Low back pain in the general population is common, and in athletes even more so. Read on for causes, risk factors and how to feel better!
The lower aspect of our back is always under constant stress. This stress is significantly magnified in individuals who participate in athletics. As a result, it is not uncommon for these individuals to develop low back pain. In this article, we shall take a brief look at this clinical condition.
Muscle strain and sprained ligaments remain the most common cause of low back pain in athletes. With advancing age and repetitive stress, degeneration of the intervertebral discs and the vertebral bones can occur. Spondylolisthesis is yet another common phenomenon. Certain kinds of sports can cause stress fractures of the vertebrae, along with herniation of the intervertebral disc. Rarely, tumors of the spine or secondaries from cancer elsewhere can also be a cause.
Rarer causes include osteomyelitis and discitis, along with facet syndrome.
Contrary to popular belief, it appears that having a short period of rest following a warm-up before commencing any form of athletic activity can have a detrimental effect on the muscles. It can result in stiffness and the limitation in overall flexibility. Ultimately, any form of activity that impacts the flexibility of the lumbar spine and alters the tone of the muscles around the spine can all result in low back pain in athletes. Furthermore, individuals who have previously suffered from back pain prior to commencing any form of activity are more prone to developing the symptoms.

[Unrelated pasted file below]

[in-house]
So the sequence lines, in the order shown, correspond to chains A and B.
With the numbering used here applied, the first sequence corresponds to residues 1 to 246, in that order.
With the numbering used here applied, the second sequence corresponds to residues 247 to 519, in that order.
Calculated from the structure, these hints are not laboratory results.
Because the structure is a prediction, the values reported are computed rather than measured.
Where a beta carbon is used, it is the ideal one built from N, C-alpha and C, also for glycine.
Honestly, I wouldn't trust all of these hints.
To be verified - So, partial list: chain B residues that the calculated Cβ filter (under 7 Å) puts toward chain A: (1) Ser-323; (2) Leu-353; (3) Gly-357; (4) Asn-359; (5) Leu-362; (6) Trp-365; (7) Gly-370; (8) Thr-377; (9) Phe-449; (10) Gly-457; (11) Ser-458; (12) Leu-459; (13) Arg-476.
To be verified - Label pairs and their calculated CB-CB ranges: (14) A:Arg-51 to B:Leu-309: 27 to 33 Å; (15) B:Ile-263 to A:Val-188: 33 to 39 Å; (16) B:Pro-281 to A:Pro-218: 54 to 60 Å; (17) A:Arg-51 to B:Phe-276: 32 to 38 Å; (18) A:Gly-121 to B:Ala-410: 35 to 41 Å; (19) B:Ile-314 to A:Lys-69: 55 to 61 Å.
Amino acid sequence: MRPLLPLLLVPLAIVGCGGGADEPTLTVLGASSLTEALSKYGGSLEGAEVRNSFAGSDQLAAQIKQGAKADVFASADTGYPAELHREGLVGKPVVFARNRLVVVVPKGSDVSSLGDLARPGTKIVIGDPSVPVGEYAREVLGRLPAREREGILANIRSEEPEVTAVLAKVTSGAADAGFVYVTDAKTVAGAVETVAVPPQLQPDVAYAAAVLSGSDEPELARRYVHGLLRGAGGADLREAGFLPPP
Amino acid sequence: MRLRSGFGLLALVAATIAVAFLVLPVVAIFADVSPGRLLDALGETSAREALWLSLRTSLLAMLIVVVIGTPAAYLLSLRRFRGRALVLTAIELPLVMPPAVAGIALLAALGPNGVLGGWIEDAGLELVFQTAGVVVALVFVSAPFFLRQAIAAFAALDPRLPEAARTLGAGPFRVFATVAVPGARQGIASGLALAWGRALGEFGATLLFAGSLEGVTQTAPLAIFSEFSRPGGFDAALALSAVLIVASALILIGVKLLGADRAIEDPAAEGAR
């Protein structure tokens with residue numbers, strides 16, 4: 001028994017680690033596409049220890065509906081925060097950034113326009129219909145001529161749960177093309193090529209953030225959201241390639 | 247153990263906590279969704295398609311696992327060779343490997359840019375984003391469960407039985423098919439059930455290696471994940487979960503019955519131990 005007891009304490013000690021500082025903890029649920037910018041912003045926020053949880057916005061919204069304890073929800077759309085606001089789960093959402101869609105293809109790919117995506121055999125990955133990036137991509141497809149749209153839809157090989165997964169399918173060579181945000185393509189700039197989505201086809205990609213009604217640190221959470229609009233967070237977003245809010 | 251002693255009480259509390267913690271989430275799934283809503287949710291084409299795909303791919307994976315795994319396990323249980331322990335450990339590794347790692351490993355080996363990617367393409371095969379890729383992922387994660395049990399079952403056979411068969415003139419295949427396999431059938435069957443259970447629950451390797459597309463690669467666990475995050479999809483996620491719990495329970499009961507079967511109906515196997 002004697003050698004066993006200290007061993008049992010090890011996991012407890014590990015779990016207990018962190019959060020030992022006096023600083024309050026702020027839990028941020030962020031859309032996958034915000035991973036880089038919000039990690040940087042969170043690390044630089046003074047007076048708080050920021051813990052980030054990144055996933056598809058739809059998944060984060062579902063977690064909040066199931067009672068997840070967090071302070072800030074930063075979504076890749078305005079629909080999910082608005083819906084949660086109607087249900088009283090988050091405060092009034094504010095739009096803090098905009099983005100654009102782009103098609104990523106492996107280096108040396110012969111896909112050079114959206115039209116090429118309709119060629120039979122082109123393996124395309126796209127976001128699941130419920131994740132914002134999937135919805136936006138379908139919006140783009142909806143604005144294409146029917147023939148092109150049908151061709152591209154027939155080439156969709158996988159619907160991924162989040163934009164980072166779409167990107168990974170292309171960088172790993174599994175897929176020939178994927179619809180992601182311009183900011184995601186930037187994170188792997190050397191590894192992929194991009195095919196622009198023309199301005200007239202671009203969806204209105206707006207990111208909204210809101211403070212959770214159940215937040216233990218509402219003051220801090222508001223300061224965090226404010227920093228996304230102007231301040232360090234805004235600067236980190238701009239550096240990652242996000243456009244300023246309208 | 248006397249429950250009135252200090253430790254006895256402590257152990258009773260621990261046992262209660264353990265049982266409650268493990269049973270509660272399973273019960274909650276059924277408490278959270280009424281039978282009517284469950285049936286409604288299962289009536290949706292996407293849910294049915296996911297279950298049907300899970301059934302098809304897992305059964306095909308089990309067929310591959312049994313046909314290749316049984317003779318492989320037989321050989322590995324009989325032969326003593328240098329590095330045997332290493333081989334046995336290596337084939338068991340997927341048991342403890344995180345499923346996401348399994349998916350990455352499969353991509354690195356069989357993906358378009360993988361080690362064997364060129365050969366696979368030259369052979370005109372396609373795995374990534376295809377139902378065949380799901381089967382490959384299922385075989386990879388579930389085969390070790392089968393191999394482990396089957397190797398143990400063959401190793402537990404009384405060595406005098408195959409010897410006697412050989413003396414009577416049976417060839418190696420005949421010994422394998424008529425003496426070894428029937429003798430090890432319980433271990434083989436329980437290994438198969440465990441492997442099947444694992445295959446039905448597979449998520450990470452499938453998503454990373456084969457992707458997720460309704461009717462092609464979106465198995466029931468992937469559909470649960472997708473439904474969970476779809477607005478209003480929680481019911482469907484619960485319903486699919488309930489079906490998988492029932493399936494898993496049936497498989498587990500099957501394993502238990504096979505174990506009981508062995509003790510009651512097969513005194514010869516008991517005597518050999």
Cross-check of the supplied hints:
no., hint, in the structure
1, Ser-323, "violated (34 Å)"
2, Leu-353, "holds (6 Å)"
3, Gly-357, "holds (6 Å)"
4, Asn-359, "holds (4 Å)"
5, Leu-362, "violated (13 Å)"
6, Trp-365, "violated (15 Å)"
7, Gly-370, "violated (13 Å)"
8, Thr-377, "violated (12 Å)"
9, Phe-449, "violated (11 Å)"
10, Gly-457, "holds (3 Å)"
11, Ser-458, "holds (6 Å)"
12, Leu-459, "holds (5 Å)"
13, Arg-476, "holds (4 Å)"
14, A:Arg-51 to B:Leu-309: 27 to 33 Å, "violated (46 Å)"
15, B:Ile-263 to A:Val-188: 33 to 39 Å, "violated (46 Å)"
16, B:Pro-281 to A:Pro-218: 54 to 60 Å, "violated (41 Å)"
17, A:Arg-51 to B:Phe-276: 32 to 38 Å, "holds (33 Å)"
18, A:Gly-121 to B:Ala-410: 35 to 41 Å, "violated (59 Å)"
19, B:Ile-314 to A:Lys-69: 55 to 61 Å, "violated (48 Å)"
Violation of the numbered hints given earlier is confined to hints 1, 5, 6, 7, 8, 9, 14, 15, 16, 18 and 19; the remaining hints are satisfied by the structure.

Other risk factors that must be kept in mind include the type of footwear the person is wearing, their posture during exercise and the amount of rest that they take in between sessions.
Athletes who suffer from low back pain tend to experience this at rest and during exercise, though the latter may be a lot more severe. The duration of pain and the type of pain depends upon what the cause is the first place. For example, pain experienced due to strains and pulled ligaments are often different from the ones experienced due to degenerative disc disease.
Athletes who suffer from spondylolysis (a type of stress fracture) find that the experience gets worse gradually and is associated with pain when participating in activities such as jumping and running that can place a great deal of impact on the lower spine.
Most cases can be diagnosed from a clinical history and examination. Special investigation such as an X-ray or a CT scan may sometimes be required. In more advanced cases where disc prolapse or other degenerative conditions are being considered, an MRI scan may be helpful. Bone scans can help pick up any other lesions if present.
Treatment of low back pain in athletes is primarily rest, ice pack application and physical therapy. Once the initial stage of the injury has been treated, patients will start a period of physical therapy which will involve not only stretches and strengthening exercises but also massage therapy and sometimes heat therapy. Over-the-counter painkillers such as paracetamol and non-steroidal anti-inflammatory drugs are also helpful in this situation. Activities that can trigger pain must be avoided.
In patients who have advanced disc disease or in whom medical therapy fails, surgical treatment may be required. This is often followed by a long parade of rehabilitation during which the athlete may not be able to participate in their regular activities.